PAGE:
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Saturday, November 1, 2008

My beeber

So, how many of you fellow RTs have to carry a beeper? I bet most of you guys and gals do. Yet, when I worked at the Victorian Hospital up North from Shoreline, they had walkie talkies. I hated the walkie talkie system.

I hate wearing my beeper clipped to my pants. And that little clip that has the screen on it is usually scratched to the point that I can't read the beeper when it is on, so I usually take it off and toss my beeper into my pocket.

When my beeper goes off, I get annoyed. Don't you? Isn't it normal that a beeper annoys the person carrying it when it goes off -- especially when it goes off every 5 minutes all night.

Yep, I grunt and groan and curse that darn beeper. And then when I hear it going off and I can't find it in my pocket, and it keeps beeping and beeping and beeping, I curse some more.

Sometimes I turn off the beeper and turn on the vibrator. That's even worse. It's worse because if I have the beeper in my lab coat, and there's a bunch of stuff in the pocket with the beeper, I don't feel the vibrating. So then I get an angry call, "Where are you?"

I also get those calls when I forget my beeper in the office. It's a normal human thing to forget once in a while. Yet, a doctor once lectured me how it is "unacceptable" not to have my beeper on me.

Yet, still, I continue to forget from time to time.

Once, and only once, a coworker of mine went to the bathroom. When she came out she held the beeper in her hand. "It no longer works," she said. "It fell into the toilet."

"Cool," I said.

Then my beeper went off for the umpteenth time in two hours. I cursed audibly.

Yeah, I do have quite an equanimitous demeanor, but still that beeper annoys the crap out of me.

I often try to get rid of it. "Hey, Mr. Kokx when you go home why don't you take my beeper with you."

"Nope," he said, "I'm retired. I don't work anymore."

I suppose it will be the day I retire that I vow never to carry a beeper again and live up to that promise. Then again, I might still decide to work per deim.

Oh, the joys of a beeper. My advice to anyone seeking employment is to stay away from any career that forces you to wear a beeper.


my-rt-life said...

Haha, beepers. I remember when you weren't cool at all unless you had a beeper...this was before cell phones became huge. Everybody in school had one. Now we've come to curse them.

Ah, this is just one of the 'joys' I'm going to look forward to after graduation. Our facility stopped using beepers though and the RT's carry Spectralinks ( They only work within like a 1/4 mile radius of the hospital but it is a lot easier than waiting for a return call.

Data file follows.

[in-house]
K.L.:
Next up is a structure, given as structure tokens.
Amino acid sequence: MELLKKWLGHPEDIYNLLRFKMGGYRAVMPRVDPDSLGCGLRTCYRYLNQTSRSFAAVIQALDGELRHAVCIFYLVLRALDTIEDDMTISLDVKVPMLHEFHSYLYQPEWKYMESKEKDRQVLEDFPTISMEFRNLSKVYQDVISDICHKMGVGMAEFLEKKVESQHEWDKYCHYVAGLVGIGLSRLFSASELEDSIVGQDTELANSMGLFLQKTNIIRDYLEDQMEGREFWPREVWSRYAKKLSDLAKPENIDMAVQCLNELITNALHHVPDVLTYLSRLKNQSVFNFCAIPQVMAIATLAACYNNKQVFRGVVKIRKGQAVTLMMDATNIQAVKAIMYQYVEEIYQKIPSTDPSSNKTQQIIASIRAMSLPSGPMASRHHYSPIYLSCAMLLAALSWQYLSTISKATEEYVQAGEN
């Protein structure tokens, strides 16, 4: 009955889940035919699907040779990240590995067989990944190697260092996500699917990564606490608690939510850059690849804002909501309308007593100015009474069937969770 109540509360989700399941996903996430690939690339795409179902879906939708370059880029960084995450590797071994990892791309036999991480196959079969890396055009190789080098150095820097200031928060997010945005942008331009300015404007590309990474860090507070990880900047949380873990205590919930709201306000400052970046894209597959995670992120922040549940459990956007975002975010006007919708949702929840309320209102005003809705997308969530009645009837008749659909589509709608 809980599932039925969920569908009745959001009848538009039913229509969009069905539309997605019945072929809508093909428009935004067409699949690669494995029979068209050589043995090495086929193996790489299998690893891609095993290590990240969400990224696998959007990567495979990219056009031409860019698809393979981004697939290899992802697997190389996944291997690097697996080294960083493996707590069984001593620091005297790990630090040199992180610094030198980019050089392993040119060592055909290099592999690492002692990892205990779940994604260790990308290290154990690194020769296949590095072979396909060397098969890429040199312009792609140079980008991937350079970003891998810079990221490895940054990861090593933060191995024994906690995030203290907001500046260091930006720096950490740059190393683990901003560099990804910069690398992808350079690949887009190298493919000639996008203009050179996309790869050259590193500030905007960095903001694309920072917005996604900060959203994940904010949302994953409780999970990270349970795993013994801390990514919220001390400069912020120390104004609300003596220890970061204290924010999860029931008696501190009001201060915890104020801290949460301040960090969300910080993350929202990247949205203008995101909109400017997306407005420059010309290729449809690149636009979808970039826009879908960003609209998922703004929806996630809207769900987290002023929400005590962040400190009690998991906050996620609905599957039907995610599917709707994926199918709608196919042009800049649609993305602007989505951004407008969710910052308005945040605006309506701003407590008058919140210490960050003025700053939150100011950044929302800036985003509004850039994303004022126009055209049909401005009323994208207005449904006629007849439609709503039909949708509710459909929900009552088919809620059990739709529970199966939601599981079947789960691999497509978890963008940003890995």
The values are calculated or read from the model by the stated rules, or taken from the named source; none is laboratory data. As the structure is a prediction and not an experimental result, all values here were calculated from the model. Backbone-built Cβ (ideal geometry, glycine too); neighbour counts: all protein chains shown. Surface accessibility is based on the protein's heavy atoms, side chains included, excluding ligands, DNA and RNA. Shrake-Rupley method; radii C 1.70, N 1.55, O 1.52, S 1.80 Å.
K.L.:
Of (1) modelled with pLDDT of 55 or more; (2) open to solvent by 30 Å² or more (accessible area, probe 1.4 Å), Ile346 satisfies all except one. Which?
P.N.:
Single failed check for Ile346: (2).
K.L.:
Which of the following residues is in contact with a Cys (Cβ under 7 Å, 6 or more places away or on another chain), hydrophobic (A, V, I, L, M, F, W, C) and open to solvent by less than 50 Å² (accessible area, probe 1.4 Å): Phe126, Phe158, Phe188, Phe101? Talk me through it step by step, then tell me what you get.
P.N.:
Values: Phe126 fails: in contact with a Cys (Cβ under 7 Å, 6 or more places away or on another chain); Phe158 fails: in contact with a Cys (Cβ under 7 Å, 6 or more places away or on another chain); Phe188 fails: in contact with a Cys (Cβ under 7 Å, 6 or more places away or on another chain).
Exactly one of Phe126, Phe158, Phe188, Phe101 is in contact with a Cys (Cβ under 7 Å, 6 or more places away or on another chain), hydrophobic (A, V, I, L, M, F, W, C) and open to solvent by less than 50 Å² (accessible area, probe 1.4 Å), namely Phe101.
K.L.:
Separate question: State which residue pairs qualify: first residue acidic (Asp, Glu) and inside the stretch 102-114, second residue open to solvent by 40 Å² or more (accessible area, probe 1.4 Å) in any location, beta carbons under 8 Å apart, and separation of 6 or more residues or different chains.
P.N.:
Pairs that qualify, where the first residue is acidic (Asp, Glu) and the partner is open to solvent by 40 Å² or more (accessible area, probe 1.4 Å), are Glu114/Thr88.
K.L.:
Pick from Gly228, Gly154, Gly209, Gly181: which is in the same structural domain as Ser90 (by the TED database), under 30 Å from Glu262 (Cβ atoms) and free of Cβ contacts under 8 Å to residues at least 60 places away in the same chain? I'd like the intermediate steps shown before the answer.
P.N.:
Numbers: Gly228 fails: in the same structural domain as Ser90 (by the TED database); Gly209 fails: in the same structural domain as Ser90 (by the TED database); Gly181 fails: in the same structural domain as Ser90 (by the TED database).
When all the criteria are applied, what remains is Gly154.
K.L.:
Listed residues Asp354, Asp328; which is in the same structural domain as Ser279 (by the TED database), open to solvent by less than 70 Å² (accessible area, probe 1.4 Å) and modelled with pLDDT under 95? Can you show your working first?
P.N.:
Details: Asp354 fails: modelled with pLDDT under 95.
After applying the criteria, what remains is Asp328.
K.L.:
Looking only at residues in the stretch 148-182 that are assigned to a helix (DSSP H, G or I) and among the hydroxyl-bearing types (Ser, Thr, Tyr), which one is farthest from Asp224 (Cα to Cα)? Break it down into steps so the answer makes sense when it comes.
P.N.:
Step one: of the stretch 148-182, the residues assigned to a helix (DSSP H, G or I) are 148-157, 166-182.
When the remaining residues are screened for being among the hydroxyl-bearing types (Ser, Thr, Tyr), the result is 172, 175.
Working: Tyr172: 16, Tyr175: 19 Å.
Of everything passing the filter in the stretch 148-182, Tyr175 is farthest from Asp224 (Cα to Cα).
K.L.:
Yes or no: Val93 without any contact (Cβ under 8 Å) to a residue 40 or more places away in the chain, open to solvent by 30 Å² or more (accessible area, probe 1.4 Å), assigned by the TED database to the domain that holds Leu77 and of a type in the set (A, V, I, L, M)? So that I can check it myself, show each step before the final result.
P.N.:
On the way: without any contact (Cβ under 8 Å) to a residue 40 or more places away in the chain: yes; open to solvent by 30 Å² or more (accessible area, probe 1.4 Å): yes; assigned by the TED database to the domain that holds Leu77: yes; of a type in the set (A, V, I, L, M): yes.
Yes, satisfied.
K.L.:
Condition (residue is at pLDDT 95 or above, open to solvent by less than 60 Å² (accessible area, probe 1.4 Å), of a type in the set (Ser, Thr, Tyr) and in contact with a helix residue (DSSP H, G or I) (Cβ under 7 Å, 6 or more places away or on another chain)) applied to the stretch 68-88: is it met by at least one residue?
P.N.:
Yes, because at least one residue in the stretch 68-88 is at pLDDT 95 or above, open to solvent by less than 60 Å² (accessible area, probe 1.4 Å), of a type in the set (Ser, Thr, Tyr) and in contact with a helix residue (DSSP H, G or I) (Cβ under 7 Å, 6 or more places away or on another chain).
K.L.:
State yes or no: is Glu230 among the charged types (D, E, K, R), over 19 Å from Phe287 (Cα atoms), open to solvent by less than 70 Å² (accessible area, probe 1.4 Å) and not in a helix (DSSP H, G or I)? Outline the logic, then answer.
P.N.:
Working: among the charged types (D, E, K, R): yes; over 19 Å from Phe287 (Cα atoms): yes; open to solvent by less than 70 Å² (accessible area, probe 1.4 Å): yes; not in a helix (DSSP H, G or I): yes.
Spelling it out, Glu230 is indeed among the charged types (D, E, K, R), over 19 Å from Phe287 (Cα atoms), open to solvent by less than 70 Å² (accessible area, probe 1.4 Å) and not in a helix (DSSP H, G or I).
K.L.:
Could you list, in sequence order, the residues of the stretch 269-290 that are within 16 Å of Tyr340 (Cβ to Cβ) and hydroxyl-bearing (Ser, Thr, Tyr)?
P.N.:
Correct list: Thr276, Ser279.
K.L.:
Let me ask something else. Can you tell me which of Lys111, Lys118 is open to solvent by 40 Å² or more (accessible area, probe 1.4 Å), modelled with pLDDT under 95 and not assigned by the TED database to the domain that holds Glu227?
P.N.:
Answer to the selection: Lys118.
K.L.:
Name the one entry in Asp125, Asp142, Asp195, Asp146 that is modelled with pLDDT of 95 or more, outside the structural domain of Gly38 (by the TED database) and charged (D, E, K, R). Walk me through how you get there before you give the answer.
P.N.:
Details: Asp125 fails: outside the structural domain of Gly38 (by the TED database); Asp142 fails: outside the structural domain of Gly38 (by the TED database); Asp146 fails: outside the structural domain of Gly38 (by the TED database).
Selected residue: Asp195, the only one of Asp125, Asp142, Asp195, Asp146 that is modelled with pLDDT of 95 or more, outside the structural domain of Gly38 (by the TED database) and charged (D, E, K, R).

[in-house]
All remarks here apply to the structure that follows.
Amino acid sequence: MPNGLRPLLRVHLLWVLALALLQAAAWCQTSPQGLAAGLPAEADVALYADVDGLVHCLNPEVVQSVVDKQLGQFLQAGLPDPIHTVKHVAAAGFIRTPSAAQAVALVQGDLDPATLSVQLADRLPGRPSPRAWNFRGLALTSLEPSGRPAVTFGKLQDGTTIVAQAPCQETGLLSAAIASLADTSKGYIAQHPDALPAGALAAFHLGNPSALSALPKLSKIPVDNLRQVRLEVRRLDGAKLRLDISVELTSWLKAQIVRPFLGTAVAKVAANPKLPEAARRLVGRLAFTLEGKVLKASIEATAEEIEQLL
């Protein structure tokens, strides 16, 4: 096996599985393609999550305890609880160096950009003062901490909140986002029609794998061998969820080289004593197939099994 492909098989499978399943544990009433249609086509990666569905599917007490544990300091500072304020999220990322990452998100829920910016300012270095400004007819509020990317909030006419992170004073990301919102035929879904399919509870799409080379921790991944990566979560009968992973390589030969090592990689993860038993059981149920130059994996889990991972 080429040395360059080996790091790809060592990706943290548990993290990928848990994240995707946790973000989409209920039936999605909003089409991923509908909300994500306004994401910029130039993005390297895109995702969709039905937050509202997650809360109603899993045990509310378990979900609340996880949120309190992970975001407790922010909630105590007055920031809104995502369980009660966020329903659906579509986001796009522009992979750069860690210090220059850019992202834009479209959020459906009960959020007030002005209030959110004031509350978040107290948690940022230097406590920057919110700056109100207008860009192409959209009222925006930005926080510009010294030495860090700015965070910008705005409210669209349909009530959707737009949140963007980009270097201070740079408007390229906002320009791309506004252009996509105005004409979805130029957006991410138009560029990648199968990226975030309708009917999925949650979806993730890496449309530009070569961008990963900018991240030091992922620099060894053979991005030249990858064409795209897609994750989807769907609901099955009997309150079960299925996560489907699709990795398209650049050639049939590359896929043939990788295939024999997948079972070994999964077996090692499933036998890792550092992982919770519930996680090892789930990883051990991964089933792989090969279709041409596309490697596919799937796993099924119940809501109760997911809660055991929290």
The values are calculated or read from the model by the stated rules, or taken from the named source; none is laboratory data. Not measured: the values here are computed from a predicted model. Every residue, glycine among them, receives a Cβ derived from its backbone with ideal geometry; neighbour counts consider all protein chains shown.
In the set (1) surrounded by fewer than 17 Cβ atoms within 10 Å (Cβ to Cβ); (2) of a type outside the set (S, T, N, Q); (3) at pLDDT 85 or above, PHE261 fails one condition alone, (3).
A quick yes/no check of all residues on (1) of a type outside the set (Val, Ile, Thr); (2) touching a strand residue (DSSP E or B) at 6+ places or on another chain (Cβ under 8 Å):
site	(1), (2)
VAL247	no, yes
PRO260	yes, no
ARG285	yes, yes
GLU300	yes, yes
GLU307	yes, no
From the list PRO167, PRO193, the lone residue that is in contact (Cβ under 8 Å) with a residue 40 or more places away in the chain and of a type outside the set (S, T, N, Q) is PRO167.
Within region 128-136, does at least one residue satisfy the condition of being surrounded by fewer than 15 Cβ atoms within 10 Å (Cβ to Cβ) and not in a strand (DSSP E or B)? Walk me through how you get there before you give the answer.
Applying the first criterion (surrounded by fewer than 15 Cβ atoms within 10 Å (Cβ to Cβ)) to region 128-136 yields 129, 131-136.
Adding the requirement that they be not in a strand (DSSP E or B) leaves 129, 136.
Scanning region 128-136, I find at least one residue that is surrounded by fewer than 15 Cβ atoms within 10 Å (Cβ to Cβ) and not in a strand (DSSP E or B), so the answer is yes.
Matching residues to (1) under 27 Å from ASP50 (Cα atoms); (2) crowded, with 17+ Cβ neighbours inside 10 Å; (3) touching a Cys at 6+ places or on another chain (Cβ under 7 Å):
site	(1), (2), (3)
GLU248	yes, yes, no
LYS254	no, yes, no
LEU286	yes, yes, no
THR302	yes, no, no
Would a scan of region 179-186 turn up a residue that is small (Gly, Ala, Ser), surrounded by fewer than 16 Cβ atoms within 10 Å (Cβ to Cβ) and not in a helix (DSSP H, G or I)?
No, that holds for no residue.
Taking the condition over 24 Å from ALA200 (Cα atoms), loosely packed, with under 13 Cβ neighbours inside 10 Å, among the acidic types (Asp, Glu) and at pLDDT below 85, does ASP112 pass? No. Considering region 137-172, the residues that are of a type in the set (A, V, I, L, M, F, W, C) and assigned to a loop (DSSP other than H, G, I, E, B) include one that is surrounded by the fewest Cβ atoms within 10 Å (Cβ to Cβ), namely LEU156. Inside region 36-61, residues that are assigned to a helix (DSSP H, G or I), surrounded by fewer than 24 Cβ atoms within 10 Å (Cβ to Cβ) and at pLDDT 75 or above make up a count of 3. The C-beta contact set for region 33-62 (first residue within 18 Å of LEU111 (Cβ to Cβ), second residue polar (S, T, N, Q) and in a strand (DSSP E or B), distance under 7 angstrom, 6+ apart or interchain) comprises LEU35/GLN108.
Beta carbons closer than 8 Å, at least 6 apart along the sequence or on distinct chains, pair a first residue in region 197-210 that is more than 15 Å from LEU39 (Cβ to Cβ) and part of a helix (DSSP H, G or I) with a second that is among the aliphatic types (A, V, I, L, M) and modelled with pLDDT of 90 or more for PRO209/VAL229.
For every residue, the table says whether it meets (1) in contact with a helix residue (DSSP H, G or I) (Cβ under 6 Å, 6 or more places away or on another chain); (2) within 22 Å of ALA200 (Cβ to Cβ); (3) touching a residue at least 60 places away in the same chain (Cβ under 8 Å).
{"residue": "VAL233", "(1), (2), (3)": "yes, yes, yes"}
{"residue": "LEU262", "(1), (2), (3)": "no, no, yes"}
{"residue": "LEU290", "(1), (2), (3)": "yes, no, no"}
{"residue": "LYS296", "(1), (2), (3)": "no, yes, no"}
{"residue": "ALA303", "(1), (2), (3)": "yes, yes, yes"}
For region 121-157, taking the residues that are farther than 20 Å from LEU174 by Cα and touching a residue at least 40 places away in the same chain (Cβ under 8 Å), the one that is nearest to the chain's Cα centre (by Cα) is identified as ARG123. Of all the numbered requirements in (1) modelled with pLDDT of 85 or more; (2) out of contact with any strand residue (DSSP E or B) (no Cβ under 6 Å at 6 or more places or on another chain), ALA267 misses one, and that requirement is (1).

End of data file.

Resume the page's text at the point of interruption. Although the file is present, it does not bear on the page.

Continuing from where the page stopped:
keepbreathing said...

Fear the spectralink. We carry those where I work, and while there are some advantages, I mostly hate them. A beeper you can ignore; a ringing phone you cannot.

my-rt-life said...

You're right. They always seem to ring during codes while the RT is doing compressions or bagging and all they want is something like IS education for their post-op patient. The disadvantage is that a pager will beep for, what, 10-15 seconds max, however, the spectralink will just ring and ring and ring during the code. I'm usually the one that reaches in the RT's pocket to answer the phone and tells the nurse they are in a code. lol

Glutton for Punishment said...

We use the Cisco phone

Color screen, polyphonic ringtones. Too bad there's no games installed on the thing!

We're actually gearing up for the phone to display ECG tracings, SPO2 tracings, etc. wirelessly. Very cool toy.

Glenna said...

I put my beeper on vibrate and carry it in my I never answer it but I'm happy when people page. :-)

RT Scribe said...

I had a job once, where I sometimes had to wear 5 pagers at the same time.

Damn it. I guess I'm gonna have to wear a pager again...

Marcus said...

you forgot to mention when a secretary pages you and you're in a room in that unit. I freaking hate that

Pathane Wadler said...

Well, I, for one, miss how my parents had a beeper. Back in the day, it was the quickest way to reach my parents (who shared just the one beeper despite working in separate cities). It gave my mom peace of mind knowing that we could reach her immediately for anything. That, of course, became the precursor to today’s text messaging. Still, it’s great to see that the humble beeper can still be very useful in this age of tablets and smartphones.

Cora Bullock said...

I think that irony of being needed most when you are extremely busy exists in all types of work. I have a lot of respect for everybody, who works in a hospital because they’ve got to be ready at all times of the day. Having a beeper definitely helps that, I think.

Rick Frea said...

I forgot about this old post. I bet there's a lot of RT departments going to cell phones, although not here yet. There is talk of it, though.